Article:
Originally posted by Kyle Murphy via EHRintelligence.com
The most recent wave of health data breaches has raised the red flag concerning the lack of administrative safeguards in place to prevent thefts caused by physical theft. While the individual employees who have lost their peripherals or had their hardware stolen are the easy scapegoats, management has not escaped unscathed. In fact, the most vocal of critics have placed the lion’s share of blame on those responsible for weak or nonexistent policies governing the protection of protested health information through administrative, physical, and technical safeguards.
The Health Insurance Portability and Accountability Act (HIPAA) Security Rule guides covered entities toward establishing security standards that keep pace with new technologies and forms of access, evolving with the times to identify and fill in any gaps that emerge. As the Department of Health and Human Services asserts, the Security Rule is only a guide and not a complete rule in itself; therefore, the onus for safeguarding unauthorized access to patient information truly falls to covered entities.
In response to our coverage of recent health data breaches, our readership of health IT professionals have reached a consensus that all security begins with proper leadership and thorough educational programs for employees. That being said, these same professionals understand that the biggest threat to PHI is the result of the human element. To prevent the effects of human error, health IT managers and staff have recommended a series of technical measures that could forestall future breaches. Here’s what’s tops on their lists:
Encryption: The technology comes in three flavors: hashing, symmetric, and asymmetric. But for the purposes of a general conversation, it’s easier to think of encryption with regard to what’s being encrypted. For healthcare, encryption is pertinent to hard drives, peripherals, applications, emails, database, and networks. A loss laptop, flash drive, or other portable device should raise concerns but not signal a definite breach. Encryption is the ultimate failsafe.
Authentication: The number of healthcare providers and staff requiring access to PHI and proliferation of mobile devices mean that many users will be accessing patient data in numerous ways. But how do you prevent a lost device or password from turning into a data breach? Raise the number of factors. Multi-factor authentication requires that users verify their identities based at least two criteria. A password coupled with a token means that unauthorized users need to work harder to gain entry.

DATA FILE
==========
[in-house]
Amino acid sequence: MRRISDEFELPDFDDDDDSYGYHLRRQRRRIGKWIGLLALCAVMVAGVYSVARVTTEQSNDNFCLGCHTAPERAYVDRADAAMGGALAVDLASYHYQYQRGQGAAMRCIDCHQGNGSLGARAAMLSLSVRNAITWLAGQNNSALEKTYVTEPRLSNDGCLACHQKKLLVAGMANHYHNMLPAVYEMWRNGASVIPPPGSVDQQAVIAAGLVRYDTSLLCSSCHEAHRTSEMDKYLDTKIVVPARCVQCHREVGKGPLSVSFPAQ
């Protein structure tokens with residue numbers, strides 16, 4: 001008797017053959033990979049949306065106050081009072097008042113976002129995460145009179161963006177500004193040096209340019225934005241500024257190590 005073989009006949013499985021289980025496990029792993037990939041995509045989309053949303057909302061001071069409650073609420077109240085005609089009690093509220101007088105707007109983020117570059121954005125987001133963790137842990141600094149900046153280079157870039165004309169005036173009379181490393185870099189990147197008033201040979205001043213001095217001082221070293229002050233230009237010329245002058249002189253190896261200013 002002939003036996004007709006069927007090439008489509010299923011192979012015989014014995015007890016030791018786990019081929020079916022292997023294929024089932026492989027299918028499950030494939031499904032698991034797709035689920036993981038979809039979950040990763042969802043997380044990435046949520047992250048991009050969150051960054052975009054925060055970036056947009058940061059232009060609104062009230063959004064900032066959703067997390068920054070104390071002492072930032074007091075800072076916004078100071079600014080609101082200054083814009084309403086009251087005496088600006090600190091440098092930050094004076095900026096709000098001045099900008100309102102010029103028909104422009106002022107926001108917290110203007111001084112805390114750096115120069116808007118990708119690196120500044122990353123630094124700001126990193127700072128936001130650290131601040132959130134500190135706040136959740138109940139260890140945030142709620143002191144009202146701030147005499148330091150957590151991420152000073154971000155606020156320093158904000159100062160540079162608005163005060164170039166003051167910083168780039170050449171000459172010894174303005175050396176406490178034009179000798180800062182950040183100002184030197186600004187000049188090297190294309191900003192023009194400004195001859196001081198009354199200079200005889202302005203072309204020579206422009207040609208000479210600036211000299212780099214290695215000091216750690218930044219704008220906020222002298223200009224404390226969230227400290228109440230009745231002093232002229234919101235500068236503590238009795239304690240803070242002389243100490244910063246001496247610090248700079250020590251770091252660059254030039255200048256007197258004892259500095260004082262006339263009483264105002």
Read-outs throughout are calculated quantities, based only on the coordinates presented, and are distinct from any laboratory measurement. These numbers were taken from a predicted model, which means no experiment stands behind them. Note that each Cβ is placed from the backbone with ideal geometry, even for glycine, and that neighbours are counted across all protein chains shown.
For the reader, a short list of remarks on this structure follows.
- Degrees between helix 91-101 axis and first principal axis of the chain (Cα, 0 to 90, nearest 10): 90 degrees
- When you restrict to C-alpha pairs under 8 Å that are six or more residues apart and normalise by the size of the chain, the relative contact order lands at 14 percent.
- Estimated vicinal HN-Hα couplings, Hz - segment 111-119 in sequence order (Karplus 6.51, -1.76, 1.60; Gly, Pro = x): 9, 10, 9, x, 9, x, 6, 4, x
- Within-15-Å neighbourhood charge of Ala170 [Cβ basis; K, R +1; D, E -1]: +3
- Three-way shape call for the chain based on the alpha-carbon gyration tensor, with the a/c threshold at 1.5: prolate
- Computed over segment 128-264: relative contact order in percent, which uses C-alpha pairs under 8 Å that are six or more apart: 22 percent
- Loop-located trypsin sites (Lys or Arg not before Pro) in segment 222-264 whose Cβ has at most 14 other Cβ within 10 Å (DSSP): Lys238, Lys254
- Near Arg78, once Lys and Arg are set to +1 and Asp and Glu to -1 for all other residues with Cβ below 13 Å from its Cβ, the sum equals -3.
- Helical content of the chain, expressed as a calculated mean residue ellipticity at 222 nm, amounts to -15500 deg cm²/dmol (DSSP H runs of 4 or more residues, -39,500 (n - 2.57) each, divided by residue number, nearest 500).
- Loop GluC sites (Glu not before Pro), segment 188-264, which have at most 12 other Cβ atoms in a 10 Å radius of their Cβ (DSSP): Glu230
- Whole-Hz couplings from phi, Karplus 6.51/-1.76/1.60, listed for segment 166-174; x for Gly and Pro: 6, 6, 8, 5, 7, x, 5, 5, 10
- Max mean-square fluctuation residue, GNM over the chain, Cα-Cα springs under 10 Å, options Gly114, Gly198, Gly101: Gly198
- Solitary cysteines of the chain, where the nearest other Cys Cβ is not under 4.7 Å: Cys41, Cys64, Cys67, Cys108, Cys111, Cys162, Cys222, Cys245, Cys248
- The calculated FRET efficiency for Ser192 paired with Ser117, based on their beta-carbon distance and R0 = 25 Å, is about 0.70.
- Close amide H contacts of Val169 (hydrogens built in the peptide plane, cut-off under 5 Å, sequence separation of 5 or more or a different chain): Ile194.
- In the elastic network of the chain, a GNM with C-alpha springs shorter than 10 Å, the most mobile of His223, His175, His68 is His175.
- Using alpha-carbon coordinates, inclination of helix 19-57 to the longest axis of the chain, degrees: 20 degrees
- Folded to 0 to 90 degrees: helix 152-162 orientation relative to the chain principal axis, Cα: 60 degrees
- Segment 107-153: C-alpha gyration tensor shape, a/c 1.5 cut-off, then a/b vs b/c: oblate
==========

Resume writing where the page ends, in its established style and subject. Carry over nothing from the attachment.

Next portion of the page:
Registration: While we’re on the topic of smartphones and tablets, the concept of BYOD (bring your own device) has many health IT professionals scratching their heads and pulling their hair out. Requiring that users register their devices in order to access a private healthcare network allows the organization to stay on top of who is authorized to view what information.
Access: Downloading scores of patient records to a local machine is tempting fate. This practice raises crucial IT-related questions. What kinds of information do providers and employees need to carry out their tasks? And does that data require local access? The rise of SaaS (software-as-a-service) applications has proven that storing information locally on a laptop, tablet, or smartphone isn’t a necessity. Just-in-time data allow users to get the information they need in the moment and ensure that it’s safe once they’re done with it.
If management is not going to get with the program, health IT staff needs to demand that certain technical safeguards are in place. Respecting and trusting providers and employees are two different things. Putting too much trust into either, even those with the best of intentions, is a dangerous practice that shows little respect for the trust patients place in their healthcare systems.